Bristol Energy Network is doing great work to raise £100,000 to help Bristolians who are struggling to pay their energy bills. They’ve launched the Bristol Emergency Winter Fuel Fund, a city-wide crowdfund to be distributed by five community partners: Ambition Lawrence Weston, Heart of BS13, Re:work, Lockleaze Neighbourhood Trust, and Eastside Community Trust.  If you’d like to donate or want to find out more about the fund, who is eligible and how it’ll work, visit their Just Giving page. Alternatively, you could also donate money to a council fund designed to support low-income households who can’t afford the basics like food, gas, electricity, or household goods. Donations can be made on the Bristol City Council website.

While these two funds will be supporting residents specifically, Quartet Community Foundation is raising money for community groups who support our citizens. Quartet’s Cost of Living Fund will help these groups ensure local people and communities can mobilise much needed support and advice. Quartet has a number of grant programmes that charities, voluntary or community organisations can apply to and any money that you donate will go towards these. These community groups did so much for residents during COVID-19 but they’re doing even more with less now. Some of them are opening their doors as Welcoming Spaces and will be facing their own rising energy prices – this fund will help them continue their fantastic work. If you would like to donate to the Cost of Living Fund, visit the Quartet website.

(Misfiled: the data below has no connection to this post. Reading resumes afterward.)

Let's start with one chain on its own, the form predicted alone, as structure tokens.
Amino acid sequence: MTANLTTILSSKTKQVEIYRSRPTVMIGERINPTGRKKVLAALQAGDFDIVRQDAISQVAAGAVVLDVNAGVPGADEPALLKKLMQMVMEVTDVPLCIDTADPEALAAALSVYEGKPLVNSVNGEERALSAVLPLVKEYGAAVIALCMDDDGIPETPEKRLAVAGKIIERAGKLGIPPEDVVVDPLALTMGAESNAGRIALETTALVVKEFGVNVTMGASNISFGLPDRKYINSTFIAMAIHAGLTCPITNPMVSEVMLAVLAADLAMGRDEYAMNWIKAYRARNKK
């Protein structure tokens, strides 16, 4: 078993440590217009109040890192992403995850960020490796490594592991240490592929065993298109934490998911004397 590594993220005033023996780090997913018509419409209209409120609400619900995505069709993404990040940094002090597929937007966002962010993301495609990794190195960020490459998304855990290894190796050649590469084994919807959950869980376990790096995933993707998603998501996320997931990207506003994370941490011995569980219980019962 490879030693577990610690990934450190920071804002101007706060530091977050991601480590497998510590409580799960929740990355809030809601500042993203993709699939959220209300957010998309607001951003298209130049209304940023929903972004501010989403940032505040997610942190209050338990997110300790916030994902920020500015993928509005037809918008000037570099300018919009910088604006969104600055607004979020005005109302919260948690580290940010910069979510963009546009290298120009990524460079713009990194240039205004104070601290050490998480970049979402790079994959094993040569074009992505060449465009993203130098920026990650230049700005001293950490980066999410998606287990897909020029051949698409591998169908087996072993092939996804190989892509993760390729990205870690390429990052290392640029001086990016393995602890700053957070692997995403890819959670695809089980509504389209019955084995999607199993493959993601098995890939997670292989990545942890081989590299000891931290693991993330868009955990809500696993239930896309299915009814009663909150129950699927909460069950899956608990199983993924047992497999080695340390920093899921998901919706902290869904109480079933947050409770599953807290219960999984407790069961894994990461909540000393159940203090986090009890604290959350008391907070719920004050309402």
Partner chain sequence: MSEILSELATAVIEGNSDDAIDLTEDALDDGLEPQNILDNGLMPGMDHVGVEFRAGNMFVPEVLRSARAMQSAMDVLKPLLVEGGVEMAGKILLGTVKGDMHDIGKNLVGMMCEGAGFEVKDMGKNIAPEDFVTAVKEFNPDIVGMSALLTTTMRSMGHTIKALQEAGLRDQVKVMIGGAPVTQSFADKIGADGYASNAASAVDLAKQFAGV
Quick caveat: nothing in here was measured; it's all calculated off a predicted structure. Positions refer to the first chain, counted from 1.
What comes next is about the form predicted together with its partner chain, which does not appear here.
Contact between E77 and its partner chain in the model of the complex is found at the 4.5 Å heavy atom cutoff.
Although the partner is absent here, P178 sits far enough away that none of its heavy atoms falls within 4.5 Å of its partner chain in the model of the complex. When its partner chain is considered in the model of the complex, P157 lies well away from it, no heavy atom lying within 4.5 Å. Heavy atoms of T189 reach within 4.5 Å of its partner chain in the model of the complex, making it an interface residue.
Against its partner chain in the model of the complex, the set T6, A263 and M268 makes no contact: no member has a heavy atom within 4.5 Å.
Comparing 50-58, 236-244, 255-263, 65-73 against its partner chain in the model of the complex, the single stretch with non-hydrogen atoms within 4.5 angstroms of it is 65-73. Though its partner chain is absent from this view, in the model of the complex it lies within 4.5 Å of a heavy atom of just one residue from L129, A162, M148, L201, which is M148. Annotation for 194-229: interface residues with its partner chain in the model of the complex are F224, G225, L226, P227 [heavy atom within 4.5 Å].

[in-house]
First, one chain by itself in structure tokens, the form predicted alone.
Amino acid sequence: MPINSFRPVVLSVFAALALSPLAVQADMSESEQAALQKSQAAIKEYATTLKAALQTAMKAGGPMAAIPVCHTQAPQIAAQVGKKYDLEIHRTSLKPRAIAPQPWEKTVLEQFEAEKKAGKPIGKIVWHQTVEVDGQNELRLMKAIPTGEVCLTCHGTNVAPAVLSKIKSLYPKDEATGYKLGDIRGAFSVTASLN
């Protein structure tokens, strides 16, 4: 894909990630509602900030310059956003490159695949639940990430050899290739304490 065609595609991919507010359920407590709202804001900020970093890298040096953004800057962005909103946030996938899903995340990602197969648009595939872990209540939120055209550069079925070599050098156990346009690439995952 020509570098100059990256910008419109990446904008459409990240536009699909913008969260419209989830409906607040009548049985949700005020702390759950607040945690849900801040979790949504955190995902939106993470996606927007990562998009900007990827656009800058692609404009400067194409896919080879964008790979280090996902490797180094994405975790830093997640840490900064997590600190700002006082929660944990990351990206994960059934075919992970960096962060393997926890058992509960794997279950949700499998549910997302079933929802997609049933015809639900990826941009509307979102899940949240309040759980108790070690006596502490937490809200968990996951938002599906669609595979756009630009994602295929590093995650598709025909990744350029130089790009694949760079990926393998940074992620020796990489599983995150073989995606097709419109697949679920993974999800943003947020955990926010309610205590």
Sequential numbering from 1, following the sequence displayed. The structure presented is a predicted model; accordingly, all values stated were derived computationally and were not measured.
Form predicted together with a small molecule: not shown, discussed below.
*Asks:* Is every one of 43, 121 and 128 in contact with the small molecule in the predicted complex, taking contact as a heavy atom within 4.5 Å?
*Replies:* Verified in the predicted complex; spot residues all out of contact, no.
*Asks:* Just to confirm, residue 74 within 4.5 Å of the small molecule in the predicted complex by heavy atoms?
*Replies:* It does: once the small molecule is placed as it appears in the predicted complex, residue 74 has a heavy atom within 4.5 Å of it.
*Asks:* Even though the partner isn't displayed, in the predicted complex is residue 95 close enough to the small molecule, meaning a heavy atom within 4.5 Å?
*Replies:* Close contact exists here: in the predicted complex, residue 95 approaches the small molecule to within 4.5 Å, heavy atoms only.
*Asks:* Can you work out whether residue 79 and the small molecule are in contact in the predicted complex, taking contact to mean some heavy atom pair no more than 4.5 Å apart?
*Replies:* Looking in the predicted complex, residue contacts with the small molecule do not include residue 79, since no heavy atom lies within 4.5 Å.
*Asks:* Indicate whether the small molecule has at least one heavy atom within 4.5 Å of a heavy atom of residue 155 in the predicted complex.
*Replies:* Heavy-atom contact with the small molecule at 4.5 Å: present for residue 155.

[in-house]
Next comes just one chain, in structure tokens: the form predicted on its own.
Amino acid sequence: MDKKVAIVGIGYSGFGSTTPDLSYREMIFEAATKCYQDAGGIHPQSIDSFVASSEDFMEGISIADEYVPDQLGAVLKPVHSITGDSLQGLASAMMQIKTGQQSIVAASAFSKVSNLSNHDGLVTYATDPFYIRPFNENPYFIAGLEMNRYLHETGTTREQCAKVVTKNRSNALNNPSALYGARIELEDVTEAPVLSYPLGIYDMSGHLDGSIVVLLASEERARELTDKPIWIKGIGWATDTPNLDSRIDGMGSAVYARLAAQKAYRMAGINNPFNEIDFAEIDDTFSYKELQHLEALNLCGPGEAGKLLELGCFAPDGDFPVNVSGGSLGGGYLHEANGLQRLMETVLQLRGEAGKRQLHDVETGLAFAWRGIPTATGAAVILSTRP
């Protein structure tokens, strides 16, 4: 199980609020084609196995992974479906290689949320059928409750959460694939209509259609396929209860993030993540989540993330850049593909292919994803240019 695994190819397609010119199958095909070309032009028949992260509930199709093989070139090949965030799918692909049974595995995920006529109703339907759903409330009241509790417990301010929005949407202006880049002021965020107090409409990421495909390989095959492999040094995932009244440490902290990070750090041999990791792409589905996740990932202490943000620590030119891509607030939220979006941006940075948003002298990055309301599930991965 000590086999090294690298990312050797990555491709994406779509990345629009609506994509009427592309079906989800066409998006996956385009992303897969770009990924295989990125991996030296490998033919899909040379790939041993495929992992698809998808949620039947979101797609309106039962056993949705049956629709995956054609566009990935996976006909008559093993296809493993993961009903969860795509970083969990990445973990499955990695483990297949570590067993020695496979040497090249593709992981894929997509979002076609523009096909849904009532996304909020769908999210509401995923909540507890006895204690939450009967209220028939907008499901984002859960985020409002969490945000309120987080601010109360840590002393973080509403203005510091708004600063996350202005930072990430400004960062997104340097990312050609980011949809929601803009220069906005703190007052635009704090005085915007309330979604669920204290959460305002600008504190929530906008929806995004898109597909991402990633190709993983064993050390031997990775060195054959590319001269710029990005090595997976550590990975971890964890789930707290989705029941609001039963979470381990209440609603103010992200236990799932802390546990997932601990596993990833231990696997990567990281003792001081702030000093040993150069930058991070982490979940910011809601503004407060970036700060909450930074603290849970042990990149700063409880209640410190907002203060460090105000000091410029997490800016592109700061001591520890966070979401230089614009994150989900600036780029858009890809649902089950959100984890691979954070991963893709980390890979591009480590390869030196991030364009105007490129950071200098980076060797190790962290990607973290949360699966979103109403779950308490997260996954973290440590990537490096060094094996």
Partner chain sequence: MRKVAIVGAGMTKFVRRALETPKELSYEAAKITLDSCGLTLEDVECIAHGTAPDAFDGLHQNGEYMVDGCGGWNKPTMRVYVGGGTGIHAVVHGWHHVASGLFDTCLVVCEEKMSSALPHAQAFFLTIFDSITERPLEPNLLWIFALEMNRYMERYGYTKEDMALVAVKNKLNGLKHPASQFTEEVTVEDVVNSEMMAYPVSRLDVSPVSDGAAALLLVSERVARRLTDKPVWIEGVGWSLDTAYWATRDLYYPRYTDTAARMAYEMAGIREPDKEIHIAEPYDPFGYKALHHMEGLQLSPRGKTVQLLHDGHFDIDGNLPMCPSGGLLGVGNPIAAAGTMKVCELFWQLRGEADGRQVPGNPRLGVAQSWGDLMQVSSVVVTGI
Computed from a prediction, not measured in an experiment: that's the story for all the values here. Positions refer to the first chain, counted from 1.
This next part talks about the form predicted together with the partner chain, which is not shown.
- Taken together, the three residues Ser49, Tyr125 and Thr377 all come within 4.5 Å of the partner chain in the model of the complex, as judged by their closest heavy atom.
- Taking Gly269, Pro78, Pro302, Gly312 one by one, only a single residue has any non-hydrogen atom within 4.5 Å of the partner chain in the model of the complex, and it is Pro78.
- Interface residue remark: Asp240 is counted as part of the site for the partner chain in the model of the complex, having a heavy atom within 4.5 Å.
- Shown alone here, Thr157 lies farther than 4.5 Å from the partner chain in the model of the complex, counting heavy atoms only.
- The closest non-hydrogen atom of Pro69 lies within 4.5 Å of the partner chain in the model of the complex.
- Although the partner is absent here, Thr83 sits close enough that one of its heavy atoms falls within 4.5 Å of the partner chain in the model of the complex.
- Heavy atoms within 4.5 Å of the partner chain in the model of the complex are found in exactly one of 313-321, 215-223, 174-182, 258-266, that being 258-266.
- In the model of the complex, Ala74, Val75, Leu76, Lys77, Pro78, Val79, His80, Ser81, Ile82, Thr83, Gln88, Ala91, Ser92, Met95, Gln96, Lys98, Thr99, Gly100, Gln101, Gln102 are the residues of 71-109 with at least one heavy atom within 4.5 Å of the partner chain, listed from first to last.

We’ve previously referred to our One City approach to this crisis, with community organisations all coming together to make a difference to residents’ lives. As part of this approach a network of Welcoming Spaces were opened across the city, with 84 now available for all residents to access. A map and list of these are all listed on the Bristol City Council website.  If you would like to support a space close to you with donations, get in touch with them and see what they need.